Another, even smaller initiative that Strategic has implemented is Sophia, a low-cost way for students to earn college credit, reducing the time needed to enroll in an online university. These initiatives primarily benefit society on many levels. They significantly reduce student debt, enable students to get a faster, cheaper, and more valuable education, and help companies retain their employees. For Strategic and its shareholders, it provides them with a streamlined and efficient source of student recruitment, something the company never really had. Accordingly, Strategic hopes to triple its B2B students from 20% to 60% over the next five years and cut loans per student from $ 8,100 to a loan-free business primarily paid for by students’ corporate employers.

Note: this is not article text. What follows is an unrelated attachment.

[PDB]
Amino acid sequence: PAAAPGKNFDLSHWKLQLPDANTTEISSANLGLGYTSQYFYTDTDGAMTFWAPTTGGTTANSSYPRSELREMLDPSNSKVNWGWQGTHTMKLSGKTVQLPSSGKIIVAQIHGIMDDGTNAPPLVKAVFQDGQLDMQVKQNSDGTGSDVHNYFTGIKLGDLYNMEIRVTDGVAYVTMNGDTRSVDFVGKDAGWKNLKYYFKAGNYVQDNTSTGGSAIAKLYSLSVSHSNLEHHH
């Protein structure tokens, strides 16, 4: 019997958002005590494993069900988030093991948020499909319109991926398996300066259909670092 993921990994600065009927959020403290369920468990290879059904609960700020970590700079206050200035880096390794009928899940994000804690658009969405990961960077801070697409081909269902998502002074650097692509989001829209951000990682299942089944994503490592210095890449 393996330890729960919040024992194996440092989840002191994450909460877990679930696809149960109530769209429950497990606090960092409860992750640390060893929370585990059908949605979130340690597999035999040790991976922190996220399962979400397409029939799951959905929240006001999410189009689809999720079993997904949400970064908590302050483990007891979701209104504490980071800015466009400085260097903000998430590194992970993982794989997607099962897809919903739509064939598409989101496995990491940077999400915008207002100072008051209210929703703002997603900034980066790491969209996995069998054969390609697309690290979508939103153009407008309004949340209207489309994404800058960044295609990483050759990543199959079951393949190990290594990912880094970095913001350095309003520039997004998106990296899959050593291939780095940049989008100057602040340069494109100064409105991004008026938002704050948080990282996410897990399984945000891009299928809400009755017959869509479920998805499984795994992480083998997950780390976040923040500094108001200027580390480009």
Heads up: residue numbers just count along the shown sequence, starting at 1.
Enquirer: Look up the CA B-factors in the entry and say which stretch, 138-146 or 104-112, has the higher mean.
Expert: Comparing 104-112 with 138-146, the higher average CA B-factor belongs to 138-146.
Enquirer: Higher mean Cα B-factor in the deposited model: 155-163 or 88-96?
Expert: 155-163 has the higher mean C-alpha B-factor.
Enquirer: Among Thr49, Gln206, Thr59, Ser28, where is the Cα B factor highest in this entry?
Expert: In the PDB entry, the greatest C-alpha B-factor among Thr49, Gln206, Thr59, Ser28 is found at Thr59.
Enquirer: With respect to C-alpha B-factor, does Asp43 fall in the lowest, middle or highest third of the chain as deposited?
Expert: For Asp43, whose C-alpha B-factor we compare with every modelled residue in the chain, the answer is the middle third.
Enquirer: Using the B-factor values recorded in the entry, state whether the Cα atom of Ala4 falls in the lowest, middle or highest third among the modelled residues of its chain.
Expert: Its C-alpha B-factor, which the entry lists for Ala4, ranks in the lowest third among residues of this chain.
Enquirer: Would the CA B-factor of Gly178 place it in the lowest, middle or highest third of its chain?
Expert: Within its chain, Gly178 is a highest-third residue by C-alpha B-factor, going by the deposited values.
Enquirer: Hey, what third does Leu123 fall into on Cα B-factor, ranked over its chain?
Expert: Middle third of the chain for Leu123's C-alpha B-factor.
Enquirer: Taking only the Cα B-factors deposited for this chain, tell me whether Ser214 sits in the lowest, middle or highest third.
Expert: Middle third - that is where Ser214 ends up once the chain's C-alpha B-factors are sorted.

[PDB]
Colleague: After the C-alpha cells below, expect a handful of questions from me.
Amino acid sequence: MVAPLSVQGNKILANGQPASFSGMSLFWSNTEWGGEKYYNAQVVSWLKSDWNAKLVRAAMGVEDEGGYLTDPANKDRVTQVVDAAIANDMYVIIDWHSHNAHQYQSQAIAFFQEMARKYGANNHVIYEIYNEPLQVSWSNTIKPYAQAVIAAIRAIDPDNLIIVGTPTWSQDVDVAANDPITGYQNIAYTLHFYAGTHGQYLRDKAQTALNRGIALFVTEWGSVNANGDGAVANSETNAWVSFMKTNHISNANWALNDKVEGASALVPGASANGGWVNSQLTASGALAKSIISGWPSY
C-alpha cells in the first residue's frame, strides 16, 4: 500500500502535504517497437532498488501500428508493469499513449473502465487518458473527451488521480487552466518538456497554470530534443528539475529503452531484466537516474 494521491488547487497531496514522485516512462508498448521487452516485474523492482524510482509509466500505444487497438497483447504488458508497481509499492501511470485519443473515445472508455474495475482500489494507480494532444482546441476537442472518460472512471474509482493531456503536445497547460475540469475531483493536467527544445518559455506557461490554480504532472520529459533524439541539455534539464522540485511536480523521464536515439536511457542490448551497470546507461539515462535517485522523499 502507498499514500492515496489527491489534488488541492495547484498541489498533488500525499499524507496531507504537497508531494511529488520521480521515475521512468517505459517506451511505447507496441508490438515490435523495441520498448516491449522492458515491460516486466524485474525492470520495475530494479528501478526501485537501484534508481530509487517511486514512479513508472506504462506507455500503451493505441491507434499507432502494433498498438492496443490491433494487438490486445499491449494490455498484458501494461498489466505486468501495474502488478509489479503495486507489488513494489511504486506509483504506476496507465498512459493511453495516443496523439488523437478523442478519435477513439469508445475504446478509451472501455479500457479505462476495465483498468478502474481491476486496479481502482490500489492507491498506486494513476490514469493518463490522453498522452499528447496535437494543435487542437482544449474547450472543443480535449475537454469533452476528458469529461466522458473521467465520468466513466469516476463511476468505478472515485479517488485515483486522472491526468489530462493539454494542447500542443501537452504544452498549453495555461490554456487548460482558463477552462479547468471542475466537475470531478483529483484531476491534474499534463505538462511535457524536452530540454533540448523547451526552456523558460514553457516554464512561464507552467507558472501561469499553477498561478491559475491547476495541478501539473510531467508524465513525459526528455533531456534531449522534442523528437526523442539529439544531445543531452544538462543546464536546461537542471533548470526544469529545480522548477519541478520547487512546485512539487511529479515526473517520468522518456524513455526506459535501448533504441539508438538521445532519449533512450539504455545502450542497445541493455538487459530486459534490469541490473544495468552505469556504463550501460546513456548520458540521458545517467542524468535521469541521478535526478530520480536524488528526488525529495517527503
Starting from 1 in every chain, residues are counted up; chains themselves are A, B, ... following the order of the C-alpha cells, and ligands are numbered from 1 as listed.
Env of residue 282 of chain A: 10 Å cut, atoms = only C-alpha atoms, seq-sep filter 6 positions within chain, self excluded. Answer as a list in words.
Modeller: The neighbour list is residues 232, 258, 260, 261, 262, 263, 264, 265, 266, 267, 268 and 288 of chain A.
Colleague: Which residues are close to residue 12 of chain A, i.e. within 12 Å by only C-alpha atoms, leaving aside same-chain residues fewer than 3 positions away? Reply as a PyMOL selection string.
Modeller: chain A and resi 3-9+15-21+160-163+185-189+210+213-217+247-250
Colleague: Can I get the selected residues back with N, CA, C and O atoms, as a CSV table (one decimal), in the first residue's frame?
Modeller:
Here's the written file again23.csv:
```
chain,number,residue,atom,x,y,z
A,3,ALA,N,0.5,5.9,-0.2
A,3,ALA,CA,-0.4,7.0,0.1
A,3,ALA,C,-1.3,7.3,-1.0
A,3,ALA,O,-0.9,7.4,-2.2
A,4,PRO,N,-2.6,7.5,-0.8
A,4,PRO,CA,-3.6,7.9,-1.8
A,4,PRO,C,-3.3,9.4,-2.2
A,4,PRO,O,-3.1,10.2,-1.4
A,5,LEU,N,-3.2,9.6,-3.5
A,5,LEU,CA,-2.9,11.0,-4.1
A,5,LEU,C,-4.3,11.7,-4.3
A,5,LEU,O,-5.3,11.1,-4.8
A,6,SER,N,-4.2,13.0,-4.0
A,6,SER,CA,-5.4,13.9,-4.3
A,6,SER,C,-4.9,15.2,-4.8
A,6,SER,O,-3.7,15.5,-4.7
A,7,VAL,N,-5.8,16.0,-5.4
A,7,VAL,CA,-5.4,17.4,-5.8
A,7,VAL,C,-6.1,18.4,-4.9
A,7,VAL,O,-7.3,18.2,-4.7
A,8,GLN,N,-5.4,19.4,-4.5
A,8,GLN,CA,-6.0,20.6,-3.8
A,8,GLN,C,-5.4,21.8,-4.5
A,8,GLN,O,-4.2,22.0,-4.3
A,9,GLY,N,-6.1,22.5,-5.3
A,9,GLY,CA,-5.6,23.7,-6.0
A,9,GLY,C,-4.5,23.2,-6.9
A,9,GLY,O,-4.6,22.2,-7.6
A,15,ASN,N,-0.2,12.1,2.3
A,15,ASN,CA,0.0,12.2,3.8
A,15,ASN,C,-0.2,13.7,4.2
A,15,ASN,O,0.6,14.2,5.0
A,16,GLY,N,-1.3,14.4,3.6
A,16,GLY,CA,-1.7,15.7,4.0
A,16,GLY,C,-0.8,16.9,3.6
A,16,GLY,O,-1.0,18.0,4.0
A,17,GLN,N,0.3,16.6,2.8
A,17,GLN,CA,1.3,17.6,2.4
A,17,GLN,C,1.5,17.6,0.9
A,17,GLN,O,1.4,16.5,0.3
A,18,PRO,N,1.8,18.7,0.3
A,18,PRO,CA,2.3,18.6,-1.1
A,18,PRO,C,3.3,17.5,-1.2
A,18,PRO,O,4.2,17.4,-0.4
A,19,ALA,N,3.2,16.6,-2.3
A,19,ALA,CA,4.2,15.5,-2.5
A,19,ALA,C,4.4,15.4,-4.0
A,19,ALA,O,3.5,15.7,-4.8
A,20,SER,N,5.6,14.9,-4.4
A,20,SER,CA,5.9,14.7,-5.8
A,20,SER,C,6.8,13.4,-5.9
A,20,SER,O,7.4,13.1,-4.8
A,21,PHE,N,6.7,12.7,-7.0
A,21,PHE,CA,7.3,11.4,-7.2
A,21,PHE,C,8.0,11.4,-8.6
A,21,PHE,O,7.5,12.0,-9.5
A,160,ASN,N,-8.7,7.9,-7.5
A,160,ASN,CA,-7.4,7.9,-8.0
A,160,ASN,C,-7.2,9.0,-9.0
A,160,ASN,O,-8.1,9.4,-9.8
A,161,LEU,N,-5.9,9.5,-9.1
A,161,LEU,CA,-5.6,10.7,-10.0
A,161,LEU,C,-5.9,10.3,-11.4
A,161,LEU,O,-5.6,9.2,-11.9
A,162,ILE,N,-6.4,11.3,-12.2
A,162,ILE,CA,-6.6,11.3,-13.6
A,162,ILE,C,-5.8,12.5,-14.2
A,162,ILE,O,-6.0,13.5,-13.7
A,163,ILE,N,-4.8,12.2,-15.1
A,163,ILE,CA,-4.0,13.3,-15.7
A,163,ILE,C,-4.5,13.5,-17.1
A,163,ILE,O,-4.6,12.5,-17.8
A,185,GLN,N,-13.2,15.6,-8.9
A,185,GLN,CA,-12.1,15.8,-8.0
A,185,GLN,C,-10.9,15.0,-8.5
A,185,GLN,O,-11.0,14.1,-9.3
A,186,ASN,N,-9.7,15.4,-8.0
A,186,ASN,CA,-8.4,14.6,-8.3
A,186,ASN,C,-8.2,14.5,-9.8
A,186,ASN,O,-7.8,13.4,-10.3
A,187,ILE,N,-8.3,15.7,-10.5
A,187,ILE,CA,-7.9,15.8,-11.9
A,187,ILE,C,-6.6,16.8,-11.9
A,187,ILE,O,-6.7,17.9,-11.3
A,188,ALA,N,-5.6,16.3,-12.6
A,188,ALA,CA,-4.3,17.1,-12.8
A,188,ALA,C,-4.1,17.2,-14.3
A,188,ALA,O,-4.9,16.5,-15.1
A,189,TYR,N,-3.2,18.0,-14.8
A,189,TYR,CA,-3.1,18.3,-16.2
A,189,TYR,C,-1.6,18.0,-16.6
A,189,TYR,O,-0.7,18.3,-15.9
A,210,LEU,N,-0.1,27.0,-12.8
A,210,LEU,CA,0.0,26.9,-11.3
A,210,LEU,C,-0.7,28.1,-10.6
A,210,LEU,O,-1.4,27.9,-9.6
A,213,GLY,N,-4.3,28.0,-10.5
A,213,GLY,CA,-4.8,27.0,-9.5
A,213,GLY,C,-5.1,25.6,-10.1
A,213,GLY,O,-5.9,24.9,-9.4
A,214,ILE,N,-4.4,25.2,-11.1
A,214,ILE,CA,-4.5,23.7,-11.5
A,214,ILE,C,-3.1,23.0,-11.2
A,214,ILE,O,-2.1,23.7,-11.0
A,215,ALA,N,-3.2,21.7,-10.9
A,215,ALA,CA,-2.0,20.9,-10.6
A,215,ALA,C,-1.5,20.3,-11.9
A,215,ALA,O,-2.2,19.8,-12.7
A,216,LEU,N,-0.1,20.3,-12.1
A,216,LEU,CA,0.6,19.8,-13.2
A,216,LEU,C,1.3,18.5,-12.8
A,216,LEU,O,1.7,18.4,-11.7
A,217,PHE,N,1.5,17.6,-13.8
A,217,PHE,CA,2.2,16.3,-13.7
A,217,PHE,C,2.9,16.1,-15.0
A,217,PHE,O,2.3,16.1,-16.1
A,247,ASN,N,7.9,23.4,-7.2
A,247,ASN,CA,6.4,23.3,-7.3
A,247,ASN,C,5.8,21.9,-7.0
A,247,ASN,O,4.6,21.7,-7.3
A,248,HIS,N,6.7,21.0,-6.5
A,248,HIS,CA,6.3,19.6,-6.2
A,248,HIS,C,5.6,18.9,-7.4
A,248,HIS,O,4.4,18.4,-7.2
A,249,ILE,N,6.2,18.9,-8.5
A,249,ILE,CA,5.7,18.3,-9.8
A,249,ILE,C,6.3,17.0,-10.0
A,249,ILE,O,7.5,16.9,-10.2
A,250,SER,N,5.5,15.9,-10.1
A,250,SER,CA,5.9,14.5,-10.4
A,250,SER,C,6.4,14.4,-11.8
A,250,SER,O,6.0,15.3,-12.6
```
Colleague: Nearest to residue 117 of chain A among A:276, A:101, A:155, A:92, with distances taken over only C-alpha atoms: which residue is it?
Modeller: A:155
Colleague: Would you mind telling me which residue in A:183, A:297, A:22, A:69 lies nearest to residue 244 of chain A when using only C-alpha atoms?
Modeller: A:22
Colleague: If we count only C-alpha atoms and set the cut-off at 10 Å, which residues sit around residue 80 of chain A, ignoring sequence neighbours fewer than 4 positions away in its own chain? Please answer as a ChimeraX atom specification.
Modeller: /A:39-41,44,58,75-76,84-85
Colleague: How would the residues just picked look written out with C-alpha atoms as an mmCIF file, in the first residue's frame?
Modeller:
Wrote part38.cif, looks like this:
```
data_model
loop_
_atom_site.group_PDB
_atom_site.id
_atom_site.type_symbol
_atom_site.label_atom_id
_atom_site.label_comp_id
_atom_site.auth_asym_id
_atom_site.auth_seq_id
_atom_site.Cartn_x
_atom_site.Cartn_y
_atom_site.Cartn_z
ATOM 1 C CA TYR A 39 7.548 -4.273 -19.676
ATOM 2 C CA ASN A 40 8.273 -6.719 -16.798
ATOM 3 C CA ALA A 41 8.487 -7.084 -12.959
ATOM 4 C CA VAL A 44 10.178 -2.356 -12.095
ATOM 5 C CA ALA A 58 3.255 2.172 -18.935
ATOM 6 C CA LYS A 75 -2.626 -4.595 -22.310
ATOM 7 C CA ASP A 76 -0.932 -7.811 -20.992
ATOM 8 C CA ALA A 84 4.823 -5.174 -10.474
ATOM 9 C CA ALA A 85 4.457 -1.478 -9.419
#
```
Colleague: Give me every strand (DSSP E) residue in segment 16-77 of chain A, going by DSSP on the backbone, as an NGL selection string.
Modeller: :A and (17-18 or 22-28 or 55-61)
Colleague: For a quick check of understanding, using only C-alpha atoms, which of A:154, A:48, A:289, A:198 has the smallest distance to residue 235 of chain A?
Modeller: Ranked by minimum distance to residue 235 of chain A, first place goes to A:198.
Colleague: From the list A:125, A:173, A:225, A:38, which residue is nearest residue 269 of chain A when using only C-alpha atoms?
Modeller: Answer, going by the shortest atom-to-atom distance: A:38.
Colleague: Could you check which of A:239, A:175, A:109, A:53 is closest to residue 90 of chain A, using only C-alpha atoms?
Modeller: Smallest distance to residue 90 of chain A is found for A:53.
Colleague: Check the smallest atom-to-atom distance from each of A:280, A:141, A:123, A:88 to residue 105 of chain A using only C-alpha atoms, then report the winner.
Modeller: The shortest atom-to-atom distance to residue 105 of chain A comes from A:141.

To ensure management is focused on the right factors for sustainability to drive shareholder value, the company’s senior management team will make their bonuses depend in part on measures related to reducing the number of loans per student. While this could really hurt earnings in the short term, it could be very profitable for the business in the long run. It could turn the company from a company with perceived regulatory risk to no regulatory risk and a no sales force relying on Google to attract students to a company with a corporate sales system through corporate HR departments. If this is achieved, there is a tremendous opportunity for shareholder value creation. Right now, the company is trading at about 6 times its EBITDA, while companies like Workday are trading at more than 12 times its revenue.
Ken Squire is the founder and chairman of 13D Monitor, an institutional research service on shareholder activism, and the founder and portfolio manager of the 13D Activist Fund, a mutual fund that invests in a portfolio of activist 13D investments.